Ep. 030 What is the Distributive Spacing Effect and How does it help us to learn fiber arts?

Brainy Thing:   15:47           Behind the Redwood Curtain:  25:35

Welcome to Episode:  How the Distributive Practice Effect or Spacing Effect can help you learn skills in the fiber Arts.

What we’re learning from our Knitting
Catherine got a lot of satisfaction by completing Laura Nelkin’s Butin Collar.

Catherine's butin collar

Margaret created felted bangles from Mags Kandis’ Bevy of Bangles pattern, from the book Gifted, Lovely little things to knit and crochet by Mags Kandis or get them for free from the Interweave website.

Brainy Thing:  The Distributive Practice Effect
Catherine talks about the Distributive Practice Effect, first described by Hermann Ebbinghaus.   In psychology,it is talked about as the Spacing Effect.   Essentially, practicing something a little bit every day is more effective in learning than practicing for a long time for one day a week.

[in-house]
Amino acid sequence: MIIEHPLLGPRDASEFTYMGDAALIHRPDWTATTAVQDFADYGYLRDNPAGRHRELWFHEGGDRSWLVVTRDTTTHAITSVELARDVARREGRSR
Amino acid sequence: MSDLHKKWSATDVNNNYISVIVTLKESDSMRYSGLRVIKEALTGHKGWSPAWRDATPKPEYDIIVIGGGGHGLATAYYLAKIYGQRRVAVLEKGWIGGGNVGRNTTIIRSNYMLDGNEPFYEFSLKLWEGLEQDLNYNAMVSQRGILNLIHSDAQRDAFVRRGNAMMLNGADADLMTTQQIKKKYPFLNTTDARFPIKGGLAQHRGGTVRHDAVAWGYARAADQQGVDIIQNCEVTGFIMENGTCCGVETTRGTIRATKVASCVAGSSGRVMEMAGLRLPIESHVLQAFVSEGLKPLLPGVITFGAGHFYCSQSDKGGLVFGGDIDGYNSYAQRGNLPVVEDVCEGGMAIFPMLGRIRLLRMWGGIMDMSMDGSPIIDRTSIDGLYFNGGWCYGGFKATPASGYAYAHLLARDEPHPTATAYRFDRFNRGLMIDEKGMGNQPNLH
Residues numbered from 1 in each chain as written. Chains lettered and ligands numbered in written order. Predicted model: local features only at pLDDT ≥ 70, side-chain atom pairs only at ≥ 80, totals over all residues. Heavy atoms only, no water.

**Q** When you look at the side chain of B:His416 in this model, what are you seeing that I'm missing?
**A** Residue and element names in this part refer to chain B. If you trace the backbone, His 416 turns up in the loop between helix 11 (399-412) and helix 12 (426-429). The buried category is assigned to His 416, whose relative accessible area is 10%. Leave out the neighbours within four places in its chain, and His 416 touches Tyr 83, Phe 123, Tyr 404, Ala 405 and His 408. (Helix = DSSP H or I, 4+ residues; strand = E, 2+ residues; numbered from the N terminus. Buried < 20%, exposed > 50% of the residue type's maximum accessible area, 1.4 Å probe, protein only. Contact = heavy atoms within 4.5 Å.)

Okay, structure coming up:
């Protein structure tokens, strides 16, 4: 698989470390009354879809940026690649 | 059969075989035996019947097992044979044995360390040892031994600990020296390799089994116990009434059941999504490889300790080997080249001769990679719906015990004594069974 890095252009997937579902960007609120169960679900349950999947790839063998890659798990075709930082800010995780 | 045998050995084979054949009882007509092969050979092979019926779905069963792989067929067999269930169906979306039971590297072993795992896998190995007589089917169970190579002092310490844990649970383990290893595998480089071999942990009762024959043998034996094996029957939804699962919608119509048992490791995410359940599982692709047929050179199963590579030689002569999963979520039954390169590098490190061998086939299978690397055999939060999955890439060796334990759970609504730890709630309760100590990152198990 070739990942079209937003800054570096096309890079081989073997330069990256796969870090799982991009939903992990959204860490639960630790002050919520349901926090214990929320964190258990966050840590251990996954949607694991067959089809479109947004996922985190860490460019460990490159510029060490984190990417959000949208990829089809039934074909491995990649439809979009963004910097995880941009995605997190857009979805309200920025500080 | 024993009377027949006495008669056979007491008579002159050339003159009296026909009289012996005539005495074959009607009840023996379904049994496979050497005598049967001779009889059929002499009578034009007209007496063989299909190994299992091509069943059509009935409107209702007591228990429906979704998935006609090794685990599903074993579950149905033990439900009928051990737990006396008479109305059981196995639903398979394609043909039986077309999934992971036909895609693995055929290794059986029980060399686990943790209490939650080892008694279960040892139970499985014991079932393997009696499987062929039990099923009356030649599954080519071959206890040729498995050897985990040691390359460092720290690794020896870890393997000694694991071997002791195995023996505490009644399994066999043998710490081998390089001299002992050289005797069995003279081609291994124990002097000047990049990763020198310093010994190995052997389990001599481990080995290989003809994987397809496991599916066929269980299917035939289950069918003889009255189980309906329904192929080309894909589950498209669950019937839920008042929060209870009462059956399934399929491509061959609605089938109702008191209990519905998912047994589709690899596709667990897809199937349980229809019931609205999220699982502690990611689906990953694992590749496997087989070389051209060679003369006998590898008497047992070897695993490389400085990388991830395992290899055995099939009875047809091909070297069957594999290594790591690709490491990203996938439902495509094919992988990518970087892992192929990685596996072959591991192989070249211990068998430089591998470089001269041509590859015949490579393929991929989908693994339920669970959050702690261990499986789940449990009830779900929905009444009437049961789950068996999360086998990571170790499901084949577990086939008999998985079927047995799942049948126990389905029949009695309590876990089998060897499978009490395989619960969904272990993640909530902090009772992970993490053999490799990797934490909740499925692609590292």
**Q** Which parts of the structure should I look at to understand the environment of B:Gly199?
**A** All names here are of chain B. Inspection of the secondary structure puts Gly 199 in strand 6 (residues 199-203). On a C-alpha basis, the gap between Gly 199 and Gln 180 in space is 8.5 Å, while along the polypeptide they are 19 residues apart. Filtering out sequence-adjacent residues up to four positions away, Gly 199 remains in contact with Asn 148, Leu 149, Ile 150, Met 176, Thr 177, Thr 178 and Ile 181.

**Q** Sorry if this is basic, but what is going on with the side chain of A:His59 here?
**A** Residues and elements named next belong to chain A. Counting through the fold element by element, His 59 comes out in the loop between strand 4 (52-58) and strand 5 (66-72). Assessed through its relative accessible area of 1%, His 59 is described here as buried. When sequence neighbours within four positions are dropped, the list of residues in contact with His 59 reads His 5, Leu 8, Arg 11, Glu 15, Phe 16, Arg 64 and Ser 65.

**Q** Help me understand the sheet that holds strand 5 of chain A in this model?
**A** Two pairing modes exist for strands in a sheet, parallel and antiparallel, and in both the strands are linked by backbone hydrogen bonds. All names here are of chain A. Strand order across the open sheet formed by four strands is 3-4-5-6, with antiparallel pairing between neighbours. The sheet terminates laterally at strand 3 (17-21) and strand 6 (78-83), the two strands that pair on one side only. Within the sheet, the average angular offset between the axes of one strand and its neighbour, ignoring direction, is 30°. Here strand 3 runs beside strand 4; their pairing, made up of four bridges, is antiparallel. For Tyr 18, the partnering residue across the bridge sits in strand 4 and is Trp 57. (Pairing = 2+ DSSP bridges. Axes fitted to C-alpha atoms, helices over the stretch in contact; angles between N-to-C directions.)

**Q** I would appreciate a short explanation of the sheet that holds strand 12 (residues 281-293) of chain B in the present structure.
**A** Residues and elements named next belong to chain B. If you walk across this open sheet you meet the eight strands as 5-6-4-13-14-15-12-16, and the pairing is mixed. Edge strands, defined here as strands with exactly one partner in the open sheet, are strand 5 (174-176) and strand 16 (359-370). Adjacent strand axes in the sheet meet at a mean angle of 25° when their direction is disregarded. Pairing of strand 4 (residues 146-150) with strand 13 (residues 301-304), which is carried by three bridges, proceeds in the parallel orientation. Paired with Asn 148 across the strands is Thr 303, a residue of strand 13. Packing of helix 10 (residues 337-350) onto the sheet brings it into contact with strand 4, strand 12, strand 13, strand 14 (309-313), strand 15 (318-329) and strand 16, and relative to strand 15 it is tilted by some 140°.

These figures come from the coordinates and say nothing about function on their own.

Behind the Redwood Curtain:   Ferndale, CA, the Victorian Village

Catherine introduces us to Ferndale, CA which has a large number of well preserved Victorian buildings.   It is very well decorated around Christmas time.

07-ferndale-main-street

Knitting Tip:
Margaret shares a tip from No Sheep for You by Amy Singer:   When knitting socks in Cotton or a yarn with little memory, use ribbing to help the sock

Podcast Business

The incentive prize for signing up for the Teaching Your Brain to Knit Ravelry Group:

opulent

 

2 thoughts on “Ep. 030 What is the Distributive Spacing Effect and How does it help us to learn fiber arts?

  1. I enjoyed this podcast but seem to be challenged at the task of posting a comment! If this is my third post, oh my–delete a couple! I’ve been learning to knit and loving it for almost three years. I like learning about the science behind learning. I’ve observed the impact of distributive practice in this new skill. Wish I’d known it when I was in school and when I was teaching.

    Like

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